Determining Your Company's Valuation
Whether you’re an owner-operator among the 12 million baby boomers poised for retirement or a young entrepreneur considering net worth, getting a read on your business’ valuation can be a pivotal piece of info.
At a fundamental level, buyers are interested in two basic questions: How much money is the company making now, and how much money can be made with it in the future? Some of the common parameters affecting those questions are:
1. Your company’s current and historic financial metrics. Trailing twelve month (TTM) revenue, gross margin, earnings before interest, taxes, depreciation, and amortization (EBITDA), and debt obligations are some of the most common bases for evaluating smaller, private companies.
2. The growth of your business. If you’re like many small businesses in today’s bearish marketplace, you may view simply maintaining market share and staying in the game as success. The good news is that many buyers see it the same way. Clearly, however, historic growth of your operation coupled with a plausible map to future expansion increases your valuation.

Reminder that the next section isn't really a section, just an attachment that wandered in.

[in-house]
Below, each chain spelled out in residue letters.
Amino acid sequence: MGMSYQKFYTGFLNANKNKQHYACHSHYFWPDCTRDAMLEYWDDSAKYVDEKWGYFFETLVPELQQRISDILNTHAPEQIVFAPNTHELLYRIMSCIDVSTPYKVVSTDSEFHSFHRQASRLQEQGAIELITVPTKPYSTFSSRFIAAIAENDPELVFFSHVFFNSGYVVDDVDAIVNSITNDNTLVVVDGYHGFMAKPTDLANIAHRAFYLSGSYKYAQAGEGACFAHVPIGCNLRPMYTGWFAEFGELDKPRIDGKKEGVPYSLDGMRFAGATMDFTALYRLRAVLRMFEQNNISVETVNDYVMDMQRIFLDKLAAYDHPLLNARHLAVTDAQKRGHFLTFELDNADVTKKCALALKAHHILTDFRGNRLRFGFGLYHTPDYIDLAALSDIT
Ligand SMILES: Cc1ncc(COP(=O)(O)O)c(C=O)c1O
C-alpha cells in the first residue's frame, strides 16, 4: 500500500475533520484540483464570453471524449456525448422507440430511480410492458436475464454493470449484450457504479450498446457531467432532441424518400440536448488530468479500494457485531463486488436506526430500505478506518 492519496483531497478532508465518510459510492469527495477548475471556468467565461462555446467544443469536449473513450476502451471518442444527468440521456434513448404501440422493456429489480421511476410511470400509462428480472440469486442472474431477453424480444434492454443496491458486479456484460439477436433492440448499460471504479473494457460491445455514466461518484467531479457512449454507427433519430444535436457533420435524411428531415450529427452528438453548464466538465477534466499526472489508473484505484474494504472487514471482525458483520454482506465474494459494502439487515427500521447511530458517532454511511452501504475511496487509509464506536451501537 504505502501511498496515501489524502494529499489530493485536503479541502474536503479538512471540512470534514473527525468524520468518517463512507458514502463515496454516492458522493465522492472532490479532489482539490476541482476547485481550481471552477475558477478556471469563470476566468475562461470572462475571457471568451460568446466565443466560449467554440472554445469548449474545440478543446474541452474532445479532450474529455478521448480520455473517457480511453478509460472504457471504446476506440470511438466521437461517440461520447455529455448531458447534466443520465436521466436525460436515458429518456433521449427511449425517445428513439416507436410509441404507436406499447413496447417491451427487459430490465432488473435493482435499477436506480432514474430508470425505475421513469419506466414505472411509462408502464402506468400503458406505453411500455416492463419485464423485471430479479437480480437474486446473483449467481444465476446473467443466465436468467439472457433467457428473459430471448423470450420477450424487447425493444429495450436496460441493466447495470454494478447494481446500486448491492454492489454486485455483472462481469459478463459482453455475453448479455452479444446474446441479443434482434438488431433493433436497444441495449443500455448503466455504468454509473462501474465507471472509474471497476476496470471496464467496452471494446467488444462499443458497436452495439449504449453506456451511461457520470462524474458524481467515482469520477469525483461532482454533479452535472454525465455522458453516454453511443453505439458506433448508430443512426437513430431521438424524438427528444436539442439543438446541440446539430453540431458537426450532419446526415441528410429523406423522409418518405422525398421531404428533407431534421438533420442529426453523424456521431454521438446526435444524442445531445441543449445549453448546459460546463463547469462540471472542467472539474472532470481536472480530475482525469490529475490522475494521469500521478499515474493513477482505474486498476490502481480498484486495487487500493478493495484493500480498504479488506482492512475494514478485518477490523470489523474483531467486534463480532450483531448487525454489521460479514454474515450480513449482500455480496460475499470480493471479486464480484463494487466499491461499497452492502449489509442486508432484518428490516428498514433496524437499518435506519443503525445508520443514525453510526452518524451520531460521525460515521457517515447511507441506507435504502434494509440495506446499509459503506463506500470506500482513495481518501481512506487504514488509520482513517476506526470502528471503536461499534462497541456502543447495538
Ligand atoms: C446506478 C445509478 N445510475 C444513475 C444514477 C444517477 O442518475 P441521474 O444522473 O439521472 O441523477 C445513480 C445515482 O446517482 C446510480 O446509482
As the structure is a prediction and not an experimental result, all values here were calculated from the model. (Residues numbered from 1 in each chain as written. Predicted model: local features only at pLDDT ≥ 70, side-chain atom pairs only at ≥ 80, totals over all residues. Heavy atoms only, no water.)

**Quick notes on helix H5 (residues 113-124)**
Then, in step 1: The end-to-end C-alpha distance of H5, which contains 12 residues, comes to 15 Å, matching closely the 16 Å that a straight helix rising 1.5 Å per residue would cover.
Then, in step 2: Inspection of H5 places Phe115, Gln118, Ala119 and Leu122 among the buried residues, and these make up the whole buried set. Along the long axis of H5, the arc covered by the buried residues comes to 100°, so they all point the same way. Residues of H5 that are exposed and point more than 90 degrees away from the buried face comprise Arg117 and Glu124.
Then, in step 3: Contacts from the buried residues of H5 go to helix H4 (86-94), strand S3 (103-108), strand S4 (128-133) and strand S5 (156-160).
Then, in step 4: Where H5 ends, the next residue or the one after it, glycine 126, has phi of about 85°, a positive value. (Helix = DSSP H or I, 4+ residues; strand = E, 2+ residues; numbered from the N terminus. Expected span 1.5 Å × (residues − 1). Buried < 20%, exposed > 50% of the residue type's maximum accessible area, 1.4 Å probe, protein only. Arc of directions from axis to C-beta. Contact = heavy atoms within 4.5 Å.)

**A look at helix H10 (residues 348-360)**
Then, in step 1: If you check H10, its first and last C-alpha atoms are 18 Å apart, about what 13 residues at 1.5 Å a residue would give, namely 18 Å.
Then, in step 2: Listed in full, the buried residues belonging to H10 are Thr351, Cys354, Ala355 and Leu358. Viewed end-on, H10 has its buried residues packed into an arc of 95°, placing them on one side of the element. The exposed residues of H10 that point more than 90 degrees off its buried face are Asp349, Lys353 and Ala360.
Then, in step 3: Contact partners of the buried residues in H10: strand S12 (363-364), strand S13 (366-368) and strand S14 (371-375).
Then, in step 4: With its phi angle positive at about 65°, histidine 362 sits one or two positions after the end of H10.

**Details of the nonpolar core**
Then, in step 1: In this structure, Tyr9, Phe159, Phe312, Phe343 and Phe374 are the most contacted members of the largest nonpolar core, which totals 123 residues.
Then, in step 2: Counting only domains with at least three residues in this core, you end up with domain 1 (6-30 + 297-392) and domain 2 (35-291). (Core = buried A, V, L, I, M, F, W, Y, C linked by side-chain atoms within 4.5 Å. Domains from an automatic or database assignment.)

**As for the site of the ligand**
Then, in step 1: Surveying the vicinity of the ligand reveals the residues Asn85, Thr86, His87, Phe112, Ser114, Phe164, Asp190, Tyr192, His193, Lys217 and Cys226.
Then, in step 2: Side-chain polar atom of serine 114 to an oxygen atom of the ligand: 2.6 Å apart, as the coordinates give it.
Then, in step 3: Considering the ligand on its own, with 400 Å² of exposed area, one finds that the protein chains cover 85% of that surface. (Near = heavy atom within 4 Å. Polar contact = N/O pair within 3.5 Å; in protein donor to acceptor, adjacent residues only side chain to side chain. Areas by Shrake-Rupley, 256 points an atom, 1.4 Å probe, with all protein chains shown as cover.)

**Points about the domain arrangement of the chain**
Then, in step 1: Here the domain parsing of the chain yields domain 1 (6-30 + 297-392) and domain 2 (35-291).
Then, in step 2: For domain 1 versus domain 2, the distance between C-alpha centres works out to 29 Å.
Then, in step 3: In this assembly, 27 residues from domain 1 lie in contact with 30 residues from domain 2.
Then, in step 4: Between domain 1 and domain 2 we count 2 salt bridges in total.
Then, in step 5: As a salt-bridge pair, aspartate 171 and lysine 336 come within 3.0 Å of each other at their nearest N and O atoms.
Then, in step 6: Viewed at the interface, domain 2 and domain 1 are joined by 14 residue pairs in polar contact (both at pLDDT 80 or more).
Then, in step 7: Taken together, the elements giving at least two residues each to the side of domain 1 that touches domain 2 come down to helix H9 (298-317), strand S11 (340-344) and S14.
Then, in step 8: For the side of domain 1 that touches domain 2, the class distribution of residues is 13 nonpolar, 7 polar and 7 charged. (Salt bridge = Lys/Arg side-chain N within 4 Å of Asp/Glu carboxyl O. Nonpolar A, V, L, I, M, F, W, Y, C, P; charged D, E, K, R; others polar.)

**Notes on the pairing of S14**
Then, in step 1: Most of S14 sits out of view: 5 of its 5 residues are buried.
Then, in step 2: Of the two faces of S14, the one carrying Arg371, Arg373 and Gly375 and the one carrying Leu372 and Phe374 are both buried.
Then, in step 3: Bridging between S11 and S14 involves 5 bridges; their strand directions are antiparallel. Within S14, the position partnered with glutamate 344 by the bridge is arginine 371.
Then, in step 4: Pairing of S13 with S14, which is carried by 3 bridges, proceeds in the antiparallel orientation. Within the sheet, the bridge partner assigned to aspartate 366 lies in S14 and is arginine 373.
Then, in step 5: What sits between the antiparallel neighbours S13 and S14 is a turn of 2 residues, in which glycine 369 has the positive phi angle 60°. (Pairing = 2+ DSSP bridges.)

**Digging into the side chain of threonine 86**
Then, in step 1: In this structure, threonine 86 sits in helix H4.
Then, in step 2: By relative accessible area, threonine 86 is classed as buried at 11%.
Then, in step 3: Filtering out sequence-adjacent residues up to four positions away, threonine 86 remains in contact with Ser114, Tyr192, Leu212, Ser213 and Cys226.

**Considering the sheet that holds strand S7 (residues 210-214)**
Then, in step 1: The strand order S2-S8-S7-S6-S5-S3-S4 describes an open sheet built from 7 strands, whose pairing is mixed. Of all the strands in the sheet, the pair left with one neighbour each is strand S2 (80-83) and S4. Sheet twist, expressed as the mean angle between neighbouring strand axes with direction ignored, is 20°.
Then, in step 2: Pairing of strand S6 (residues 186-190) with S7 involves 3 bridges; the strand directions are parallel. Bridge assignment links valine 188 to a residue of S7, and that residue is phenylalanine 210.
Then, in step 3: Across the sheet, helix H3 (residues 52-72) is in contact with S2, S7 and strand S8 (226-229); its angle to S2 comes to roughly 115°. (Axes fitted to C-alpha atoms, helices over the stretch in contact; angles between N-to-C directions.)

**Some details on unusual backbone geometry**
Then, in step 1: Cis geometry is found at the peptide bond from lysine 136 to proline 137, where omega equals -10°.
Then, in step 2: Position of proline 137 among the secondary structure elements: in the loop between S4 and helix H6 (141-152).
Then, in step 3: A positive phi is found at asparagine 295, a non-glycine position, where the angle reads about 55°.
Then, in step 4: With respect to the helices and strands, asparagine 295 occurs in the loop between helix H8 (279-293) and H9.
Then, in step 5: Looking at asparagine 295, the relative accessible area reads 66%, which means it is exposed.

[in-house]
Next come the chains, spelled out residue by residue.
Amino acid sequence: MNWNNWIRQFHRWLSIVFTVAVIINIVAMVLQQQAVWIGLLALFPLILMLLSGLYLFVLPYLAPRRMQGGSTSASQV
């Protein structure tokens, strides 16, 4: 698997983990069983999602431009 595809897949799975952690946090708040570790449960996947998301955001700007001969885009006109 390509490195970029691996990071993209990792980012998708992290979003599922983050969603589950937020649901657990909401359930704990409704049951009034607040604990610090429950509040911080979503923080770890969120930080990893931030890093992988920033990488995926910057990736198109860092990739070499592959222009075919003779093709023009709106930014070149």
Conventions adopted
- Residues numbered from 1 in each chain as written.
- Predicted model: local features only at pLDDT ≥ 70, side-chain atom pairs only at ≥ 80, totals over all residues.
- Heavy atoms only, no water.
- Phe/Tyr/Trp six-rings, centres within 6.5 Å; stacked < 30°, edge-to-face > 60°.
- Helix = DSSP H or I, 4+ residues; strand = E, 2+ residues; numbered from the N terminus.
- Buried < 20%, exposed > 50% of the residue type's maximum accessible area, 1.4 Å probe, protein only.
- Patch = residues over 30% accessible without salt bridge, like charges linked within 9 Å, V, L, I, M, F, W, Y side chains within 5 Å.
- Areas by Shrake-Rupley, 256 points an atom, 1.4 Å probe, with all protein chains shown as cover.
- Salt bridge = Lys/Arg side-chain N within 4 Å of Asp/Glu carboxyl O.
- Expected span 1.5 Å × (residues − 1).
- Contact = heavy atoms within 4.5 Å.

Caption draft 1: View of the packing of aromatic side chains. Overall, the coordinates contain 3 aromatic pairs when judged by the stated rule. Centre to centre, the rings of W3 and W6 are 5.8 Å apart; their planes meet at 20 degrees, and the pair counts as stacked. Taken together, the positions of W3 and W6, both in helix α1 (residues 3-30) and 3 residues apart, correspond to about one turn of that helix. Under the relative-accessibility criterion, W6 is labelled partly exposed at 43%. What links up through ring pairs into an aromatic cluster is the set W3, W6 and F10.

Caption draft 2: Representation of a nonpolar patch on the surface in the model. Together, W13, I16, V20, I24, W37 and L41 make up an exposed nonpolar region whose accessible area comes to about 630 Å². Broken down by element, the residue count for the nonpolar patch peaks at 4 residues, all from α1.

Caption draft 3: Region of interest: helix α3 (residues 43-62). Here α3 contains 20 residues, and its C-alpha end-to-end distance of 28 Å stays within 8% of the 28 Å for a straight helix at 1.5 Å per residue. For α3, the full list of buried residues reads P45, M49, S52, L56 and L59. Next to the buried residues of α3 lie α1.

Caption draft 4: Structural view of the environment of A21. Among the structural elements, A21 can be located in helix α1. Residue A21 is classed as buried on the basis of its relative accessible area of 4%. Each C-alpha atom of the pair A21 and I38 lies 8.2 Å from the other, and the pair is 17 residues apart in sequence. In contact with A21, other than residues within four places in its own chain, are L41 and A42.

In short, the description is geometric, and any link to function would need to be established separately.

3. Those fabled synergies. Depending on the kind of buyer you’re most comfortable selling to (a larger player in your industry? a well-funded entrepreneur? a private equity group? your management team?), there may be impacts to your business’ cost, revenue, and growth, which will be reflected in what that buyer can offer.
There are myriad ways to combine and digest these factors, ranging from discounted cash flows to public comparable analyses and asset-based valuations. But while there is no single, silver-bullet method for determining what the market will (or might) bear, considering the question from this approach will give you a reasonable gauge.
Charles Burckmyer Managing Director Knob Hill Partners Boston